The city and its symbolic public realm are playing an important role in this process. Just use Cairo and Tahrir Square as an example, but it could be similar squares in Tunis, Benghazi, Manama, Alger, Sana’a or Aden.
People are congregating in the public realm, a space they consider their common, the place which symbolises their belonging to the city. They come with banners, slogans, grievances, demands, expectations. In Tahrir Square like in the other spaces of protest up and down the Maghreb and the Middle East where people from many different walks of life and creed are congregating, the public realm becomes a symbol of the diversity of contemporary society, even in repressive regimes.
An open city is a city which caters for all of them, whose spaces are representing their diversity. Clearly, the places where so many protests are taking place at the moment, these squares and the buildings which surround them are testimonies of the rich and chequered history of these nations, the way they were constituted, conquered and ruled, by waves of different powers, different societies, different religions. The cities have adapted relentlessly, and will continue to do so now and in the future. They have suffered destruction and disappearance, rebuilding and change but the collective memory of these places persists even after fires and killings. Open cities are resilient and will re-emerge. One can only wish that this time they do not have to endure complete destruction, as they already contain so much diversity, so many symbols of different cultures that a new cosmopolitan and open society may be able to preserve and build upon them. Some hope, my hope.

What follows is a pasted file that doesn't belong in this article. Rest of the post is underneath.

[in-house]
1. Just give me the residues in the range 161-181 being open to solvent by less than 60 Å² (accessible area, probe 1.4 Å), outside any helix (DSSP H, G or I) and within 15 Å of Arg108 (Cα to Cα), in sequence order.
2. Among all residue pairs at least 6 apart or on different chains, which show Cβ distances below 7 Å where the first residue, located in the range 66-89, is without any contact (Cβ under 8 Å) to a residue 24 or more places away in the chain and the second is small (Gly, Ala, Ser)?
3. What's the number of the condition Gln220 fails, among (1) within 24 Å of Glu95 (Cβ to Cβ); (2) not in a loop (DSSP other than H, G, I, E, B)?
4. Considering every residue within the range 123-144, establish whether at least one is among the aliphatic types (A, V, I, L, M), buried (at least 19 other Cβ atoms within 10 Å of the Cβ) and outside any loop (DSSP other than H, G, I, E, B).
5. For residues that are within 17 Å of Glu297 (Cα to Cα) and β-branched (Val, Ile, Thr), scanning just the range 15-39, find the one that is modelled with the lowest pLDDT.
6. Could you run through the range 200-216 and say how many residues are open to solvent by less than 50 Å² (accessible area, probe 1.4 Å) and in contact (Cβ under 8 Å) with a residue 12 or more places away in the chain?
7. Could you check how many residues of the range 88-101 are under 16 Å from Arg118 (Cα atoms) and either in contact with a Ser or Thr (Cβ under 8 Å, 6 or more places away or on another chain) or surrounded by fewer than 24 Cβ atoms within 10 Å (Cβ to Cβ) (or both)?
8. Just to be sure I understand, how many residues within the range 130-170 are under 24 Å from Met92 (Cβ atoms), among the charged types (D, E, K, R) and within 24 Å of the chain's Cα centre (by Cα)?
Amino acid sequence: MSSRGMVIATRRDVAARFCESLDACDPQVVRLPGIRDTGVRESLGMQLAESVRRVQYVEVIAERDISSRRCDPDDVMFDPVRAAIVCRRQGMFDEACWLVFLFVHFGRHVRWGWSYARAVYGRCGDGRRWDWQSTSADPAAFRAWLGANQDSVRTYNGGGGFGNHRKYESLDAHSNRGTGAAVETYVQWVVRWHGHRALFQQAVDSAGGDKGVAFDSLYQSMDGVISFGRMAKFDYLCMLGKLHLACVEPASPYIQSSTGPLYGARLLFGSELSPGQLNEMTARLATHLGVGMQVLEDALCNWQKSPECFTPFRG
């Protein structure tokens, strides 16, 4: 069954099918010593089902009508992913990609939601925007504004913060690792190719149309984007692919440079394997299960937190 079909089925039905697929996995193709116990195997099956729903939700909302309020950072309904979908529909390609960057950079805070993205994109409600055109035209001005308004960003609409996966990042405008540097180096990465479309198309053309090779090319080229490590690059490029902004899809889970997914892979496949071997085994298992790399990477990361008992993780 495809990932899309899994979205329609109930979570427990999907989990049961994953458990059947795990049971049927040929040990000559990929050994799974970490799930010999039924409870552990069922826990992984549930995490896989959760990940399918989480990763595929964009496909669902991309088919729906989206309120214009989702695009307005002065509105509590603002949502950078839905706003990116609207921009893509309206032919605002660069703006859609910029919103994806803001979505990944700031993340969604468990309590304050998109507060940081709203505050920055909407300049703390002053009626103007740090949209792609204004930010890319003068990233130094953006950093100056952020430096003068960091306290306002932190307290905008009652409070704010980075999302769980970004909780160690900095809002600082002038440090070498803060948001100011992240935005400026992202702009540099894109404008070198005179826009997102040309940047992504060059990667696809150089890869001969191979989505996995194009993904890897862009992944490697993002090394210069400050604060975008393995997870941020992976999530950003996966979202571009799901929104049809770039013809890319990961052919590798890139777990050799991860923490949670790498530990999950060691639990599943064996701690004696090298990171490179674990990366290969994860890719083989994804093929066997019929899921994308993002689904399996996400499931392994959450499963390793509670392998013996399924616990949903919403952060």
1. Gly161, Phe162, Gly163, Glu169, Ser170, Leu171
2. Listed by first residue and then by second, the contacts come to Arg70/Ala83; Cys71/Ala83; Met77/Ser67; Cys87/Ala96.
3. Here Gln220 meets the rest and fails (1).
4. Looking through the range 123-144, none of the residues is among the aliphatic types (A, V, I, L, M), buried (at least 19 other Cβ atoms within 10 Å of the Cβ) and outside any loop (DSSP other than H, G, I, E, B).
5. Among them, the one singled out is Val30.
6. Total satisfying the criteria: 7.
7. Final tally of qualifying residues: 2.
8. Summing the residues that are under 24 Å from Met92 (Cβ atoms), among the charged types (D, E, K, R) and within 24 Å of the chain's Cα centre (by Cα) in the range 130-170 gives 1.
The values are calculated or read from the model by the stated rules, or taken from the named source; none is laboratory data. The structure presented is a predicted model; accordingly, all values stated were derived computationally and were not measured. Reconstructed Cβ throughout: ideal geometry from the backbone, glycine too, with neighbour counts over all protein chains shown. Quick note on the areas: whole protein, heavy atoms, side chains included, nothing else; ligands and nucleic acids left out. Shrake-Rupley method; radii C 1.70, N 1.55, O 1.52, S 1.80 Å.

Post Scriptum: a fast moving scene
Since then other people in the Maghreb and the Middle East have been manifesting their grievances about their lack of freedom of movement, assembly and speech. They demand to express themselves and live their everyday lives freely, openly. People of Bahrein demonstrated on Pearl Square, and most dramatically, people of Lybia are defending what they consider their spaces throughout the country. Significantly, all these demonstrations take place in cities. By claiming the right to the city they are pioneering openness in their cities.
We in the West take these freedoms for granted. We complain about excess CCTV, about too much political correctness, but our lives are not in danger and we enjoy the right to our cities. How can we express our solidarity with fellow citizens who wish to enjoy the same rights, the same freedoms as we do, and who are eager to engage in the responsibility to open their cities to all. The Libyan situation poses an extraordinary dilemma. Those who have suffered oppression for so long and are standing up against it long for support and recognition of their rights by the world out there. Meanwhile the West, still living the trauma of intervention without follow-up plans is hesitant whilst the civilian people are losing their lives and are powerless against the destruction of their cities.